There is no hard and fast 'test' for alcoholism. It's not a (self-)identification that can be arrived at through scrutinising the quantities consumed: you wouldn't 'certainly' be an alcoholic if you were drinking two glasses of wine a day more, any more than you certainly wouldn't be one if you were drinking one less. It is, as others have suggested, more about your relationship to alcohol (and therefore by extension, about your sense of self). There are numerous questions you can ask yourself about your relationships to your drinking, but alcohol can be powerfully cunning, and so if you are prepared to probe this issue (and by asking the question, you seem to be), you must also be prepared to be absolutely scrupulously honest with yourself. There's no hard and fast list of questions, but some have been posed upthread. When you're drinking, do you sometimes wish that you weren't? Is it hard to imagine routine life that doesn't involve drinking? Do your daily glasses of wine seem to conspire to corrode an sense of interior self-security? Do you look forward to the first drink more than you think that you should? Are you drinking more than you were a couple of years ago, and does that amount seem as though it's only going to increase? No-one can tell you that you have (or don't have) a drink problem; only you can say that. All problems start somewhere. Sometimes they can be headed off at the pass early. There's help, good help, available for people who have problems with drink, and much good advice is contained within the AskMefi walls. Good luck.
posted by hydatius at 7:57 AM on October 28, 2011 [1 favorite]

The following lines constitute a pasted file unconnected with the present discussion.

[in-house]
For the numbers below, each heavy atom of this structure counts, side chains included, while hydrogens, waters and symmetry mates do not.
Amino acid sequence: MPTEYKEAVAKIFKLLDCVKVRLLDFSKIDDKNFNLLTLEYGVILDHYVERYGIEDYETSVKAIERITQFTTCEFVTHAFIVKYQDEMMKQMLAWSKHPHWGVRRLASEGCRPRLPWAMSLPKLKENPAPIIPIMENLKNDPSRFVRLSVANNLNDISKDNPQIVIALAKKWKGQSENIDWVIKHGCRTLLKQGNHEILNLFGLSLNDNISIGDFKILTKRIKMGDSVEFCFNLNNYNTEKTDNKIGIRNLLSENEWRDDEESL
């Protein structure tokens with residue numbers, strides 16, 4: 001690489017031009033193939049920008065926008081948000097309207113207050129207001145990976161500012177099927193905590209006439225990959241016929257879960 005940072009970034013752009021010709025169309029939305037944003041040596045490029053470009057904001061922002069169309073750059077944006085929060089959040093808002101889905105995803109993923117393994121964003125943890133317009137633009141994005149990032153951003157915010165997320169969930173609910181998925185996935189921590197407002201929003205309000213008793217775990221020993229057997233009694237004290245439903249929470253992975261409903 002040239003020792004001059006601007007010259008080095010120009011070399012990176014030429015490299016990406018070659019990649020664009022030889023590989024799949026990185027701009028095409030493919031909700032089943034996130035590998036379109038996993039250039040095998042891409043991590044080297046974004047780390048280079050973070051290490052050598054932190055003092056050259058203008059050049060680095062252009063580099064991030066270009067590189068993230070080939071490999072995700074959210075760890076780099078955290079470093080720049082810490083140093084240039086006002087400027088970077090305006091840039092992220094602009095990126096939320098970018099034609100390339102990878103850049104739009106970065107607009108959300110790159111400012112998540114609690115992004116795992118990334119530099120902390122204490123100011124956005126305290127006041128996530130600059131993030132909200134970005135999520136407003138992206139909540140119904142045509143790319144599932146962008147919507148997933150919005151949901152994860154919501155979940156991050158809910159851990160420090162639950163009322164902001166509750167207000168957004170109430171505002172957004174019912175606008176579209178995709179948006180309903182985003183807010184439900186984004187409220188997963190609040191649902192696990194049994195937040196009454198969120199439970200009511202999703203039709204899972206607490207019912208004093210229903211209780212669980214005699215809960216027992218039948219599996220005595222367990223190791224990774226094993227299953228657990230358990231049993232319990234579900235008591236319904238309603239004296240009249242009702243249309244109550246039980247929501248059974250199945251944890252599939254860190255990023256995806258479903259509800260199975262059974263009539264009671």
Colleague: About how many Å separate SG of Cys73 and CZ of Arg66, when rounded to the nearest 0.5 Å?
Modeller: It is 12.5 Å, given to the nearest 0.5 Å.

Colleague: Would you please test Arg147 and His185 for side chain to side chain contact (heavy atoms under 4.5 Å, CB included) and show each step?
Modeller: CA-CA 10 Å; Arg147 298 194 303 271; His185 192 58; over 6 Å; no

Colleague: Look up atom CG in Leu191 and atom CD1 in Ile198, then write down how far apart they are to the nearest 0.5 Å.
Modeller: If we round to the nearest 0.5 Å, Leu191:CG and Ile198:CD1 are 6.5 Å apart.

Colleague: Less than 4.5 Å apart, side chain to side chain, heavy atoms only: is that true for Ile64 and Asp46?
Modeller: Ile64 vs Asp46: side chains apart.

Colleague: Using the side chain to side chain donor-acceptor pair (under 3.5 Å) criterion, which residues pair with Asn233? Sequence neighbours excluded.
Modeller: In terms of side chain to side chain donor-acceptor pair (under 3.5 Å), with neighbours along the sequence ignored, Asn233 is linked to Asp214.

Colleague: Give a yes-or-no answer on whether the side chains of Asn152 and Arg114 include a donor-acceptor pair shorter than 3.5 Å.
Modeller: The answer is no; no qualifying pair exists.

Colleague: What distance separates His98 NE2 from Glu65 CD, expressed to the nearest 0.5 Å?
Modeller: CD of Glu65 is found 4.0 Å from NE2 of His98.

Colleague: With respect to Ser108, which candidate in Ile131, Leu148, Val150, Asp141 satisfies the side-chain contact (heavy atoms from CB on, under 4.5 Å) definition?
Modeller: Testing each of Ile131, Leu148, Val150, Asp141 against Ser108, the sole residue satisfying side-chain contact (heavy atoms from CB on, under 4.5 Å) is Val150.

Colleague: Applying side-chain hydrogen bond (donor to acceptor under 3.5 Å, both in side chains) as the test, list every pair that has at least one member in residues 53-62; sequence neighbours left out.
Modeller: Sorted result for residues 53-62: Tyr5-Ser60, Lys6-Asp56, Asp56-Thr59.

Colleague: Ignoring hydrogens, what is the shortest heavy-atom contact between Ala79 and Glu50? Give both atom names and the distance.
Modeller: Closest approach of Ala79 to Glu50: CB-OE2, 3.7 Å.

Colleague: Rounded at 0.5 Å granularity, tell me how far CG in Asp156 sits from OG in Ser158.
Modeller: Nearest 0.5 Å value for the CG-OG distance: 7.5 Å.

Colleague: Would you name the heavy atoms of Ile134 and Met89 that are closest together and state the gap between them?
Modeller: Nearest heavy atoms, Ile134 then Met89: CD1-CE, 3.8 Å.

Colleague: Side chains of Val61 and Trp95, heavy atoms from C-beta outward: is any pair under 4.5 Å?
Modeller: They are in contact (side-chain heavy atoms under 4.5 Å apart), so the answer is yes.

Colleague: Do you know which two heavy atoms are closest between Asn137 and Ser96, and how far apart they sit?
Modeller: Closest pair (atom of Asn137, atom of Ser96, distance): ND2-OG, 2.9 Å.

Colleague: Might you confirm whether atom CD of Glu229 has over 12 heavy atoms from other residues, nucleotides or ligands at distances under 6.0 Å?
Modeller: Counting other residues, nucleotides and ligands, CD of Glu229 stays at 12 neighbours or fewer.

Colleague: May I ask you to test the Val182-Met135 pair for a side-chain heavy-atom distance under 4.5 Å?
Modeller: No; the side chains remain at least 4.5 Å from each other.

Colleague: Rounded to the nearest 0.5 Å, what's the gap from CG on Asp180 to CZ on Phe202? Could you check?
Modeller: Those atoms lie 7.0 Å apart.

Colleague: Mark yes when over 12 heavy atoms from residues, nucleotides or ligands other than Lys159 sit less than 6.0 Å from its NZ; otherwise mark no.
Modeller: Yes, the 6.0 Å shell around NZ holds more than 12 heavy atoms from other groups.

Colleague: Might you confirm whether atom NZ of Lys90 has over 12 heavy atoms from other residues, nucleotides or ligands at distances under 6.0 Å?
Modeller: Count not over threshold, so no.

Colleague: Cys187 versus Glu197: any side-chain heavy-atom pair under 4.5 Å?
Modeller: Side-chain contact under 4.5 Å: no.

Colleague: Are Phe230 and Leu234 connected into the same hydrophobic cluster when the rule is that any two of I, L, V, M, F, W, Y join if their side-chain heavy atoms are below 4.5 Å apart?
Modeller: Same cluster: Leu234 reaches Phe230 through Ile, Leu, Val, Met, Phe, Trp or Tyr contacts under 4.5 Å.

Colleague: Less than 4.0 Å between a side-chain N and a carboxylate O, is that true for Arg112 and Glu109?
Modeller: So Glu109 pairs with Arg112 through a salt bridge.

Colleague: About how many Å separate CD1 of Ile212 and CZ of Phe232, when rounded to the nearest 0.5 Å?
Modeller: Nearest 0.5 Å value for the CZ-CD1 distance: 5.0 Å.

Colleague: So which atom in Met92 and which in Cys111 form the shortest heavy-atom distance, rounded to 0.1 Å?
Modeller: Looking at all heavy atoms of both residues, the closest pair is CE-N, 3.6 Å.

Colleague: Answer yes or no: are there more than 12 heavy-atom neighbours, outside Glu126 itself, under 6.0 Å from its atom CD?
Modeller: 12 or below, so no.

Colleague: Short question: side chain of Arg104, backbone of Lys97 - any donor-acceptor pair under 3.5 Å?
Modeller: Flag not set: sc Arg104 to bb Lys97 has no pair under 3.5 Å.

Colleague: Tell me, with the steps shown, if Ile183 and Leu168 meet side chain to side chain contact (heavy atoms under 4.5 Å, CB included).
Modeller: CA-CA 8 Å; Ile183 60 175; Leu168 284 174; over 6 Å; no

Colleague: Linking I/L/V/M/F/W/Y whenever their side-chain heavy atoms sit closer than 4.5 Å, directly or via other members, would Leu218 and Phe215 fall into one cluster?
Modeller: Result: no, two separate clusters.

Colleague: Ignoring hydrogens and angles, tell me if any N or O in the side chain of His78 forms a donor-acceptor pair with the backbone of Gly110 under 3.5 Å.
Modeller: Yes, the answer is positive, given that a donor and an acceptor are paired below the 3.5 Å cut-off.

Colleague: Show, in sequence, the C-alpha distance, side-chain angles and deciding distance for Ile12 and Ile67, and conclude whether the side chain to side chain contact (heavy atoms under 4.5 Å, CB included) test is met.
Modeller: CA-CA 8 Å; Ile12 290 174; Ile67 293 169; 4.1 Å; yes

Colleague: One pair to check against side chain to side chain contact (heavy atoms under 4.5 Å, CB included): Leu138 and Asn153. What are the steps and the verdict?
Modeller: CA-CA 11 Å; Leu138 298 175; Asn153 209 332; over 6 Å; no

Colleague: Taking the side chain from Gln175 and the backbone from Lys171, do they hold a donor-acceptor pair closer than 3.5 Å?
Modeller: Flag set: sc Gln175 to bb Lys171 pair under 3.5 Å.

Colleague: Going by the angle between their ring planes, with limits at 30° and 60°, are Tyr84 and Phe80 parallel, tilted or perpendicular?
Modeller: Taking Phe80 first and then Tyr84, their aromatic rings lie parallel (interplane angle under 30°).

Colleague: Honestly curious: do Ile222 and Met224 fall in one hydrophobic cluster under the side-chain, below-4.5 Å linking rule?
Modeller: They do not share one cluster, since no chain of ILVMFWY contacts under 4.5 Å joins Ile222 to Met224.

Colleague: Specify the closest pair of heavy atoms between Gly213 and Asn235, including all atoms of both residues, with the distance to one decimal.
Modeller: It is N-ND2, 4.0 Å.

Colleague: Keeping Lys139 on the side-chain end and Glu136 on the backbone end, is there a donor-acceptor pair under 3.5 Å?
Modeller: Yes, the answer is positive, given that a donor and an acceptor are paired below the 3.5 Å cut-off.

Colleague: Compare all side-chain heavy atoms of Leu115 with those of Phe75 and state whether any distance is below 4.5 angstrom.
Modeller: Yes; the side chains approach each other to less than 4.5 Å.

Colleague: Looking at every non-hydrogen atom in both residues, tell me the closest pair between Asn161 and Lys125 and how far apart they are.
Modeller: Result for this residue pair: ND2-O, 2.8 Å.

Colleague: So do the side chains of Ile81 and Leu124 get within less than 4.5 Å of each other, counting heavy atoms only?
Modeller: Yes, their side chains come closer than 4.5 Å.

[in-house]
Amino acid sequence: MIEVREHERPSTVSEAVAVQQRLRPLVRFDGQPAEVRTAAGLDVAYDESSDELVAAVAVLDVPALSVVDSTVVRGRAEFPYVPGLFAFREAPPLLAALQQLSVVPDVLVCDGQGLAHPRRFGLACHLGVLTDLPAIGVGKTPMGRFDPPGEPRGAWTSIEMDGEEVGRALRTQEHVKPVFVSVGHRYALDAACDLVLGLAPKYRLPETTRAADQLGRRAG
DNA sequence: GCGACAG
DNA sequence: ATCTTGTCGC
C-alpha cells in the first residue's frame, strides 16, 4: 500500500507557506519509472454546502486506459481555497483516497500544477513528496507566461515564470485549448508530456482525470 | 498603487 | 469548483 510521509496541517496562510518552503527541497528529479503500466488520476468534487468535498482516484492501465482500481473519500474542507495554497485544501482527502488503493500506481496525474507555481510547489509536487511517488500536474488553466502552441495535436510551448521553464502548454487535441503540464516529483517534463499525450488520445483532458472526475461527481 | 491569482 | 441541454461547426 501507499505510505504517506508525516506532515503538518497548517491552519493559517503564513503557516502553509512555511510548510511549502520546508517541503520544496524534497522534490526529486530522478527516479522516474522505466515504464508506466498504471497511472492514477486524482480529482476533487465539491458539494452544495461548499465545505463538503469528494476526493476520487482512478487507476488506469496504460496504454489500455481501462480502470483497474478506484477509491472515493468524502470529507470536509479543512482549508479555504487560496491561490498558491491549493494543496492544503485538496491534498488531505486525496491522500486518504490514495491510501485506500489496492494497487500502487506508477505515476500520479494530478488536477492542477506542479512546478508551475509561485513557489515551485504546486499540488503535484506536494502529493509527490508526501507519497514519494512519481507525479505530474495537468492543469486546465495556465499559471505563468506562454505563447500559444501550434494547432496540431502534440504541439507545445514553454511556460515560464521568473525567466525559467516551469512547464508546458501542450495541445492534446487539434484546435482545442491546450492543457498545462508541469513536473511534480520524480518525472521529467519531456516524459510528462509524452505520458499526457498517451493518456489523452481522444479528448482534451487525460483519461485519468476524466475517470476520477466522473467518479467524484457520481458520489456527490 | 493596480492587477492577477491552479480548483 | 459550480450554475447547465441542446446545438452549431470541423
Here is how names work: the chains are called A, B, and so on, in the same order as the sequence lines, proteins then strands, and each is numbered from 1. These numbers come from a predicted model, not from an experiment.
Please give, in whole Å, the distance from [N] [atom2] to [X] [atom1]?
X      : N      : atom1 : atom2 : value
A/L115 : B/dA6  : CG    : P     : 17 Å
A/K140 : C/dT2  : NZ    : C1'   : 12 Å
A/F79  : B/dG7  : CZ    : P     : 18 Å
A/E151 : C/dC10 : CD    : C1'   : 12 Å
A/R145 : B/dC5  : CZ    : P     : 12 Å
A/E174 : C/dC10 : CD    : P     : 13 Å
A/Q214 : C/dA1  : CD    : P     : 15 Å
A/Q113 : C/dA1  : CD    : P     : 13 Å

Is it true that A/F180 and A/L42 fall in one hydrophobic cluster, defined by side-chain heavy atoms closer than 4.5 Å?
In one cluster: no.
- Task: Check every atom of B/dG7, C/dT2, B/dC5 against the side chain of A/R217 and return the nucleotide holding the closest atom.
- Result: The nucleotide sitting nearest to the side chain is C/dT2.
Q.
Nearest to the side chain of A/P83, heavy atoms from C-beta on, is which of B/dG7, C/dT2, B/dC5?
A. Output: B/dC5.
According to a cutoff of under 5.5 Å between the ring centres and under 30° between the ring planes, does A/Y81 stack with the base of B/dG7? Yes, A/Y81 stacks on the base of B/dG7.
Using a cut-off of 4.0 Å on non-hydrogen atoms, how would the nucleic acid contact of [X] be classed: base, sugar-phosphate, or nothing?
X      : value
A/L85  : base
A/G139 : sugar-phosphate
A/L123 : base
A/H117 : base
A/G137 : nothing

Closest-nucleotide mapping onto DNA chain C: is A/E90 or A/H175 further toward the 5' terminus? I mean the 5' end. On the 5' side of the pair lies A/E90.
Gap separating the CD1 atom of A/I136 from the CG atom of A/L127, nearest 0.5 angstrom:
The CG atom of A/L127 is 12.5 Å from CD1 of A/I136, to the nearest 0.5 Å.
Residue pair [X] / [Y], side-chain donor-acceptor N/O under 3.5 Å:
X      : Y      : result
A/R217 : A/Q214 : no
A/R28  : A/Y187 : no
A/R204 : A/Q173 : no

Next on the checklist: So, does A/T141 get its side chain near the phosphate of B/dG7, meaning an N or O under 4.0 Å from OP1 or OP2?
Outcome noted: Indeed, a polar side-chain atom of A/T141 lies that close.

I don't know if you're an alcoholic, but I think that the reason you're questioning your drinking is probably that you don't want to be drinking anymore. It doesn't seem like it's productive or leading you to new and interesting places. If I were you, I'd stop drinking by myself for a month. We all have 'easy outs' (mine is using the Internet) that are detrimental to our lives whether or not they are addictions. You wrote this question because you feel that your life isn't in your control. If it weren't the wine, it'd be something else.

Drinking wine is pleasurable. Being the person you want to be is more pleasurable.
posted by 200burritos at 8:00 AM on October 28, 2011 [6 favorites]

Okay, the CAGE test is NOT useless. Obviously it's not perfect but as many patients have a tendency to lie about (or misremember, or be in denial about) how much alcohol they consume, asking outright how much they drink is not really the best way for professionals to assess the situation. the CAGE test has actually been proven (through studies) to be a pretty sensitive and accurate tool for professionals to use in identifying patients at risk for problem drinking, so they can be followed up with appropriately. it is not a tool for self-assessment, and it doesn't give a diagnosis. Alcoholism is a complicated disease, of course there's no perfect test that says yes or no, you are or are not. Especially based on the quantity one drinks, since people really do metabolize alcohol differently.